Waste and residue based biofuels processed using established technology have very good GHG savings (greater than 80%-90%) as, unlike crops, they are assumed to have a zero GHG intensity at the point they are generated. GHG intensity due to transport and processing are the key inputs to their overall GHG intensity. However some processing and agricultural residues may have to carry a proportion of the GHG intensity of the upstream processes into the future as policy evolves, leading to a reduction of their GHG savings.

Food-based biofuels can have high GHG savings and the GHG savings of advanced biofuels can be reduced by multi-step processing and inclusion of some upstream emissions. 

Protection of the wider environment, people’s land and labour rights are aspirations in the RED, which are not reflected in concrete requirements. Although these aspects are largely covered by other European legislation, they may not be protected in other parts of the world. A recent appraisal of the Commission’s oversight of biofuel sustainability   by the European Court of Auditors 3 criticized the omission of these sustainability criteria. They are equally important for energy crops and agricultural wastes.

Preservation of soil quality and carbon content is also a key sustainability consideration for agricultural and forestry residues. Leaving some residues on the soil can improve soil quality and increase the soil carbon-stock. Excessive removal should be avoided. There is currently no requirement for this to be monitored. 

Advanced biofuels from energy crops and agricultural wastes carry a risk of impacting the wider environment and people’s rights. 

Does not cause ILUC: The push towards using wastes and residues for biofuels is at the heart of the Commission’s strategy to avoid ILUC. However, some bio-wastes and residues already have uses in other industries e.g. for animal feed or for chemicals. Something that is a waste in one region of the world may not be elsewhere. So, if the existing use has to be replaced from another source this could generate ILUC or be satisfied by a fossil based source of carbon. On the other hand, the ILUC Directive describes food-based biofuels from increased production and intercropping that are ILUC free.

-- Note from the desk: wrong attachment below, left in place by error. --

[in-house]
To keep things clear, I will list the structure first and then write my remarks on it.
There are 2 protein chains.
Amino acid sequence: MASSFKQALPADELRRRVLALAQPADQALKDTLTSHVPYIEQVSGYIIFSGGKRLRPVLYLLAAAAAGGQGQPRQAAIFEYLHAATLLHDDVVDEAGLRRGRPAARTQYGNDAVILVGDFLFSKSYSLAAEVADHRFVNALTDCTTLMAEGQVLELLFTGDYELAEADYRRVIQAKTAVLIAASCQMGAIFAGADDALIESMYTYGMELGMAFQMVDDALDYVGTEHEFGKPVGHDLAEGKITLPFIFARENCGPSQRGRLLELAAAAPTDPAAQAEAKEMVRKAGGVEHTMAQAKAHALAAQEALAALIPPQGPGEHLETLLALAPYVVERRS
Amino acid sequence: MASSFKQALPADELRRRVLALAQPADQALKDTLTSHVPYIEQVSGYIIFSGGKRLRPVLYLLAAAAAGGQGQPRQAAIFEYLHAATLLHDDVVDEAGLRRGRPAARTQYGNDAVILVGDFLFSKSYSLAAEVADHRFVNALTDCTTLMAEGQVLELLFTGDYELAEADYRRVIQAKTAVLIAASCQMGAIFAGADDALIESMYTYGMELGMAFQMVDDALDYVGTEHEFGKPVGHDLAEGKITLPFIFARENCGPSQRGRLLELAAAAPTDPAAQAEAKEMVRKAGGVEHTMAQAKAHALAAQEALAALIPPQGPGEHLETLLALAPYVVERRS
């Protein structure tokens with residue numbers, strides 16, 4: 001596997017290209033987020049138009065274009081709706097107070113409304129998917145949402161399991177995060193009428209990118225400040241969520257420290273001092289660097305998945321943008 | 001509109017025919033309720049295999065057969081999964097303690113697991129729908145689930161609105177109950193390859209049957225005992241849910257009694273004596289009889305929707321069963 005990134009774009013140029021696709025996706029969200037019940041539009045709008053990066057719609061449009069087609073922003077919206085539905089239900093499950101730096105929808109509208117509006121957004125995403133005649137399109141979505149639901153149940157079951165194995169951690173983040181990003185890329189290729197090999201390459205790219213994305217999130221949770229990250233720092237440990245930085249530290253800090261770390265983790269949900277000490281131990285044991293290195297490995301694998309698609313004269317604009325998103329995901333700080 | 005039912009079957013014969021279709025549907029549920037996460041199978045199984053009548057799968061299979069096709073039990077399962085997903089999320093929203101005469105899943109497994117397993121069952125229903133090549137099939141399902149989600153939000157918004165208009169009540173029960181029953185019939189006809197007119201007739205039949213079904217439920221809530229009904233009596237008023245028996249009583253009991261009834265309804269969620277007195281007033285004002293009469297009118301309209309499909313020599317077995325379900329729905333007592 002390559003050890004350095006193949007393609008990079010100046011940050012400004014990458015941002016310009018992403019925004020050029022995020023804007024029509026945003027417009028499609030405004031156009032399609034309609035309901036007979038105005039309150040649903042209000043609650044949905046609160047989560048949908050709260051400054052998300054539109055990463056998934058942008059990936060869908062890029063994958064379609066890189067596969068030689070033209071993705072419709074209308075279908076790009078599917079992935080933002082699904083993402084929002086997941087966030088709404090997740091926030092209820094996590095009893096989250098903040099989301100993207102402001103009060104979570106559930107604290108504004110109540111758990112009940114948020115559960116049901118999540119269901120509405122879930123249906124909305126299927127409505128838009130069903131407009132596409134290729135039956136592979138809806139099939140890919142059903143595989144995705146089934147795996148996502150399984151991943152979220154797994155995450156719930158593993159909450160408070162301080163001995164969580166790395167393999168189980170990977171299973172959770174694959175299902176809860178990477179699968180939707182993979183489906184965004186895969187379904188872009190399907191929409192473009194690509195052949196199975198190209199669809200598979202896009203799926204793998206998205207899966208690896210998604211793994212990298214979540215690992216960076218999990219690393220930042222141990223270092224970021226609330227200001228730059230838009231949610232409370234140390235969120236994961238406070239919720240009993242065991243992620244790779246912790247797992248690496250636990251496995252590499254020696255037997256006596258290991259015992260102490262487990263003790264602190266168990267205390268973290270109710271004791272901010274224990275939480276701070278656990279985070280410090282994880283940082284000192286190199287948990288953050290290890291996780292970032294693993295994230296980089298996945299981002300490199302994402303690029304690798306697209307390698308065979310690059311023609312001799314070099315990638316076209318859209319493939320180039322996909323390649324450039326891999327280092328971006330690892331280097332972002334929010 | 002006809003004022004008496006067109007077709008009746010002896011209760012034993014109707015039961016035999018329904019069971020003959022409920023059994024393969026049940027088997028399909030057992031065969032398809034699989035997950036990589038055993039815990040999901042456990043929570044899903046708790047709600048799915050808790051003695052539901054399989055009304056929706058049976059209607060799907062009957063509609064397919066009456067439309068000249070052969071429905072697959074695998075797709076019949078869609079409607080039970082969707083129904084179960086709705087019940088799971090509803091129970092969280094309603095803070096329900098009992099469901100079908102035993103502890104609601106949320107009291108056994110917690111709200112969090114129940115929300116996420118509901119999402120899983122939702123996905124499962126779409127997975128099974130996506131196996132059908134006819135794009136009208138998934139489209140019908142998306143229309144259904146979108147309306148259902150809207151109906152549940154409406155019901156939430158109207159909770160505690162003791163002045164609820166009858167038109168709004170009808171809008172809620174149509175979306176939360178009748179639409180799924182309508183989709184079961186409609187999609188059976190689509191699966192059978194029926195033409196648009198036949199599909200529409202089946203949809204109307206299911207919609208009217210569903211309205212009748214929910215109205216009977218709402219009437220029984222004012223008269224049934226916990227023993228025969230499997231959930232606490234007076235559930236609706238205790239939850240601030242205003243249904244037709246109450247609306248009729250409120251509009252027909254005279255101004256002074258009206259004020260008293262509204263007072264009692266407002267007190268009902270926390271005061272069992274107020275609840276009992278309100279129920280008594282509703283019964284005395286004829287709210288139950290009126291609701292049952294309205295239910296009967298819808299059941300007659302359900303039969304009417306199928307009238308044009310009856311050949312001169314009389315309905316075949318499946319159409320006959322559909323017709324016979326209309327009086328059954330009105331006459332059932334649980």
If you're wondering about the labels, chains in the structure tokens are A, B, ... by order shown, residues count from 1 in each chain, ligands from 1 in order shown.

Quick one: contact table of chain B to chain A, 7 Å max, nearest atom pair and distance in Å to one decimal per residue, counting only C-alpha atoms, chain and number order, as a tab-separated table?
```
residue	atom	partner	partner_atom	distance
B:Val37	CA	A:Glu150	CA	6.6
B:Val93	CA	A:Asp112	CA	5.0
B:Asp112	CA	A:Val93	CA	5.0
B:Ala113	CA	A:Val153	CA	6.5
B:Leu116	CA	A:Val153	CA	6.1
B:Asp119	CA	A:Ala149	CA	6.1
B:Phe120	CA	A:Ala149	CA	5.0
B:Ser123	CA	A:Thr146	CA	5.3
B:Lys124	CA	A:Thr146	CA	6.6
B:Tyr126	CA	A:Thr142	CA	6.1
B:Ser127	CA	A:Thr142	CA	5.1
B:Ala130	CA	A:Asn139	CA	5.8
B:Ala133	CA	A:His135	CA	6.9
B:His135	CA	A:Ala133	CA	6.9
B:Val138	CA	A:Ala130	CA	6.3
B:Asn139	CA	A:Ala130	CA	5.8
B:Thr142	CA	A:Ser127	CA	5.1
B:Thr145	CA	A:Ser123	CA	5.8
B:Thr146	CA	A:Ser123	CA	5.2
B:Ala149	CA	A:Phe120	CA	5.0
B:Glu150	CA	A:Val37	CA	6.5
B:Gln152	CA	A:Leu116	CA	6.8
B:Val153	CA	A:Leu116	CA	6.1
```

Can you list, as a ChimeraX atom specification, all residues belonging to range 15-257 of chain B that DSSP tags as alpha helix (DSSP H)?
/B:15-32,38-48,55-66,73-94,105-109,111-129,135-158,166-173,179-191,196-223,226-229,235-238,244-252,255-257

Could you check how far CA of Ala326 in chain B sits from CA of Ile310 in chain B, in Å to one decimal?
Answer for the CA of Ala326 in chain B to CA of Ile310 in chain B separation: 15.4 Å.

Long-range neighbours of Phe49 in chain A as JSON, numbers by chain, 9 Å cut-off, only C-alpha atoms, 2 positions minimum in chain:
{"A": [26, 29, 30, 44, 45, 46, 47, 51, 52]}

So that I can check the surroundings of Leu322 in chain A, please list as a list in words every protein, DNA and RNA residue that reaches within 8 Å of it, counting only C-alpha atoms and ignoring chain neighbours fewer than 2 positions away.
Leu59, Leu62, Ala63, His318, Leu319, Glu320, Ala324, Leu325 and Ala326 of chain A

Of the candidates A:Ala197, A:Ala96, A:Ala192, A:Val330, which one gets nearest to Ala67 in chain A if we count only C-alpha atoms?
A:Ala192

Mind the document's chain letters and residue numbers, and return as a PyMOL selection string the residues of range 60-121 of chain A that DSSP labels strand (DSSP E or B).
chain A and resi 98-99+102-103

So some advanced biofuels from wastes and residues may cause ILUC and there are ILUC free food-based biofuels.

Sustainability verification

Sustainability verification of biofuels is carried out by Voluntary Sustainability Schemes, together with EU countries’ own systems. The biofuels with the highest risk of falling short on sustainability are from countries where EU Standards of human and worker rights, environmental, forest and biodiversity protection are not necessarily upheld. Focusing on advanced biofuels made from processing residues, municipal waste and agricultural and forestry residues may reduce these risks, but it won’t eliminate them. If agricultural straw or energy grasses take the place of cereals or sugars for bioethanol then shouldn't we also examine the conditions on the farms where they are produced?  The best Voluntary Sustainability Schemes, typically those that are multi-stakeholder and NGO approved, robustly audit all of these aspects. Unfortunately, these Schemes currently certify a minority of biofuels. 

As the focus shifts to wastes and residues, and these have the advantage of designated zero GHG intensity (and extra incentivisation), then it will become even more important to verify that biofuels are verified and labeled correctly. At the bottom of the supply chain, how easy will it be able to distinguish between ethanol from straw and ethanol from a cereal, for example? This places even more emphasis on tracing waste materials up the supply chain and ensuring that all Sustainability Schemes have the highest auditing standards. 


There is an acknowledged role for biofuels to decarbonize transport post 2020, particularly for aviation and heavy-duty road transport and Europe is looking to ‘advanced’ biofuels to fulfill this role. Europe should promote and incentivize biofuels according to their sustainability.

Limiting ILUC is important and low ILUC food-based biofuels should also be able to play their part in de-carbonising transport. Those food-based, low ILUC biofuels that achieve high GHG saving should be incentivised, as high GHG savings are the ultimate goal.

The protection of the wider environment, people’s land and labour rights should be included as required sustainability criteria for all biofuels including those from energy crops and agricultural wastes.

This article was first published in Biofuels International.

[1] http://ec.europa.eu/transport/themes/strategies/news/doc/2016-07-20 decarbonisation/com(2016)501_en.pdf


[3 ] http://www.eca.europa.eu/en/Pages/NewsItem.aspx?nid=7172

Published: 13 September 16